Ofsted inspection reports for the autumn term showed a 4pc improvement in both primary and secondary schools in Norfolk.

But given the three-year time lag between students thinking about their GCSE options and taking their final exams, leaders warned results will not be instant.

Mr Denby said: “It’s a process that takes time, but we must not use that as an excuse. We have got to learn to work smarter and bring in changes that are going to impact on the lives of these children.

“We have got to be doing it now for all year groups, but people have got to realise it will have a greater impact the longer it is going on.”

What do you think about education in Norfolk? Email martin.george@archant.co.uk

What does the state of education mean for our economy? See tomorrow’s EDP.

18 comments

  • ."... I hate teachers with a passion. ...". EDP ,...Can you explain to me why you are allowing a man with a psychopathic hatred of teachers free access to your forum ? Don't you think you should be alerting the police and social services ? Does he work for you ?

    Report this comment

    LARSON.E. WHIPSNADE

    Monday, February 24, 2014

  • Pressure from Ofsted and ministers has galvanised the Council, that's true. They've been galvanised into offering schools as a sacrifice to Gove, making them pay for the sins of the county by being forced into academy status. If this is progress, I'll pass. Ask Children's Services about the dictatorial memo they received last year from the DfE, instructing them that all schools in special measures must become academies, in opposition to official DfE policy and regardless of the precise circumstances. This and the Council's spineless submission to such dogmatic bullying are not going to do anything to help our schools. In fact, it's symptomatic of everything that's wrong with them.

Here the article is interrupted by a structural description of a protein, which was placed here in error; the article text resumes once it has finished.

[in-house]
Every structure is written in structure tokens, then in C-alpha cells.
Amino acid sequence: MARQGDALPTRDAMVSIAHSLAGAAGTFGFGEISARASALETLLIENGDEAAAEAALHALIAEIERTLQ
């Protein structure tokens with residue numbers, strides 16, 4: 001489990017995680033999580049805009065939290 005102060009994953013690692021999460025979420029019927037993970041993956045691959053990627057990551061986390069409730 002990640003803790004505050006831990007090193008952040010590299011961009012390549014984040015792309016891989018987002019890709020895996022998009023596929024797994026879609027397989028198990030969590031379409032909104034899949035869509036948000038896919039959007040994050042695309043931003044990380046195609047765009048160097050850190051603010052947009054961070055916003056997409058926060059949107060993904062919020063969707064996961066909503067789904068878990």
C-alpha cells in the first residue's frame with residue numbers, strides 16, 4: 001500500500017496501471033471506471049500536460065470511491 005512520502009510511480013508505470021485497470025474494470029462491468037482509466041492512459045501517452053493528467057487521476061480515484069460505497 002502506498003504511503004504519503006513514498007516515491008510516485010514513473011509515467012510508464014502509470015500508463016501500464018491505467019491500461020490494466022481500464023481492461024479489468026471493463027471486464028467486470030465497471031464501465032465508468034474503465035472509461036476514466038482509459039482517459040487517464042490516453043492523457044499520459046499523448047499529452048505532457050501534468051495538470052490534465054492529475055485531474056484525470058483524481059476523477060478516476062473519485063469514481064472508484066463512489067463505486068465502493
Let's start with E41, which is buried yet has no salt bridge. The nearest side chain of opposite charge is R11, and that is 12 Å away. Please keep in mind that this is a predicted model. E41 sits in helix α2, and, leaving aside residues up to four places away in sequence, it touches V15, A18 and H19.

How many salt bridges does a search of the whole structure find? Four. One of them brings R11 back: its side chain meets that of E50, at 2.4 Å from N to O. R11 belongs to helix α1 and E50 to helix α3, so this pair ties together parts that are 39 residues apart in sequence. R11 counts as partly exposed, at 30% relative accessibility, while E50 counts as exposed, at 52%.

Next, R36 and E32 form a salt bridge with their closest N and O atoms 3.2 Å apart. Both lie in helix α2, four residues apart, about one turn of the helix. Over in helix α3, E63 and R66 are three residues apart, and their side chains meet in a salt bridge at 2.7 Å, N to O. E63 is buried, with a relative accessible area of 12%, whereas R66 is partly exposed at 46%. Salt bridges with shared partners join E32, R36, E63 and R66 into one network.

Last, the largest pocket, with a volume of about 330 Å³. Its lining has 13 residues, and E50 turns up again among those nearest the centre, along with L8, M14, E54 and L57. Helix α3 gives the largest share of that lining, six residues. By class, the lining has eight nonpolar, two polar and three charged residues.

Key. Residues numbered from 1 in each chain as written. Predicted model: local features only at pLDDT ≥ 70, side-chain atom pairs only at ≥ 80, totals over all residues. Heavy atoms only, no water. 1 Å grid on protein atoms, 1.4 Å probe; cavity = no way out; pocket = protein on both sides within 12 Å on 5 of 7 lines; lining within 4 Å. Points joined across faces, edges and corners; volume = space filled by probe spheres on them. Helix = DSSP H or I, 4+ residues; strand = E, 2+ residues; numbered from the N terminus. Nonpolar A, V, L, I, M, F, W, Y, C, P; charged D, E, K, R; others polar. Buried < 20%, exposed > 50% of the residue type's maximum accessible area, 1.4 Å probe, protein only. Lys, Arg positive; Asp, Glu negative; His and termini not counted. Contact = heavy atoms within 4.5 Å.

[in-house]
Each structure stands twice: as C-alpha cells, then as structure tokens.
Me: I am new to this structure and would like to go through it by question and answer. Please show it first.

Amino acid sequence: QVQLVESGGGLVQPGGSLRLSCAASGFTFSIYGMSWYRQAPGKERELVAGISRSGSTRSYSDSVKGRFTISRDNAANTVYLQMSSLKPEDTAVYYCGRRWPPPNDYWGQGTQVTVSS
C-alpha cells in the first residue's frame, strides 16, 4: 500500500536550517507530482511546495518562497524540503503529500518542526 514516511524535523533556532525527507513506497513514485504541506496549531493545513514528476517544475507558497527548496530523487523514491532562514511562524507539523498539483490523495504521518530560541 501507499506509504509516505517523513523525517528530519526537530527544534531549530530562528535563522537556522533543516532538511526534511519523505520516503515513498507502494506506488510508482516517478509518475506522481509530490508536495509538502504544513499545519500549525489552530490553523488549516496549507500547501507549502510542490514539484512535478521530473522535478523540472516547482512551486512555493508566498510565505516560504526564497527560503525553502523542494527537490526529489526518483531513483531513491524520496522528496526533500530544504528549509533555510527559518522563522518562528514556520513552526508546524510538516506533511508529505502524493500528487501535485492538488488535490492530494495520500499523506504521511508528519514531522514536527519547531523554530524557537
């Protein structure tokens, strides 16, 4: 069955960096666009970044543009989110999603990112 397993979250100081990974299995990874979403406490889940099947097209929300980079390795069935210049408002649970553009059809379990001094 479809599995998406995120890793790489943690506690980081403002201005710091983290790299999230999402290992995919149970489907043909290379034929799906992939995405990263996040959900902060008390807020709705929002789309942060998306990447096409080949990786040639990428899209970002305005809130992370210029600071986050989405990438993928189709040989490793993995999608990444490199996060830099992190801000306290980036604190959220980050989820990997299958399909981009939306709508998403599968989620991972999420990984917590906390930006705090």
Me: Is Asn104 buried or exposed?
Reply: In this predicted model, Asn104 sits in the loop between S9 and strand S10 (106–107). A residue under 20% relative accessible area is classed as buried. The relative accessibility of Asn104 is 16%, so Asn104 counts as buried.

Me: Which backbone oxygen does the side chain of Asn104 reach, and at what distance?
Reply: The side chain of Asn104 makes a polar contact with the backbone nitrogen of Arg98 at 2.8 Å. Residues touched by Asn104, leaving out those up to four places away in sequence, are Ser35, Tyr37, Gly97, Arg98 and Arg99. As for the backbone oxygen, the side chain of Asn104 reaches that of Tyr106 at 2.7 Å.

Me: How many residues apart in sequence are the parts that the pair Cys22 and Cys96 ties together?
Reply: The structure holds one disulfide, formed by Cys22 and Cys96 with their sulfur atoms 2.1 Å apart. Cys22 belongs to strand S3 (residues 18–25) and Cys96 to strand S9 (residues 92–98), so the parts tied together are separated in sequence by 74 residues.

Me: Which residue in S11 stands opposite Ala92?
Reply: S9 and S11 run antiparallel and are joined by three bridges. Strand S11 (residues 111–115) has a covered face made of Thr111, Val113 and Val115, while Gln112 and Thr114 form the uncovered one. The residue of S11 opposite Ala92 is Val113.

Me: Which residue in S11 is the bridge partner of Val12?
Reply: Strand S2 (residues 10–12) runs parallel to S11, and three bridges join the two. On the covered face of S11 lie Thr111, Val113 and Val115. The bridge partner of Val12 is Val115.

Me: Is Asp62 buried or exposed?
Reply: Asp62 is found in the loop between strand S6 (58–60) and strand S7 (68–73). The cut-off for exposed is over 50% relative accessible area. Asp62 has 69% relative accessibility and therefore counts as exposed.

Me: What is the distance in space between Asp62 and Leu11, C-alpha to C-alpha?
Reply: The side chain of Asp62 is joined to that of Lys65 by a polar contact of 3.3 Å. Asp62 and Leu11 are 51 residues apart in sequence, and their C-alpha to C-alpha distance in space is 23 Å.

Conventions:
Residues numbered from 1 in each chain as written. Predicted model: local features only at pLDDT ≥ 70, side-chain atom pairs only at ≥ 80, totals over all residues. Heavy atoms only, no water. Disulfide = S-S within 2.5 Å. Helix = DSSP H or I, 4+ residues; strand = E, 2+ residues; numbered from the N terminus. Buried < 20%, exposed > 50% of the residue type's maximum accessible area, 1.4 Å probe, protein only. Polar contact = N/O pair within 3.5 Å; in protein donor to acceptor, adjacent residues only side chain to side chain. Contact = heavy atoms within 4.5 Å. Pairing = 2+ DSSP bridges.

Report this comment

    djw

    Monday, February 24, 2014

  • So "V"'s solution is to disregard employment law and sex equality legislation, discriminate against people based on their (perceived) political leanings, and focus on battling a problem of nepotism that hasn't been demonstrated and has no obvious mechanism to function in a diverse and highly fragmented structure. I think we might struggle to have a productive dialogue with such an intellectual giant.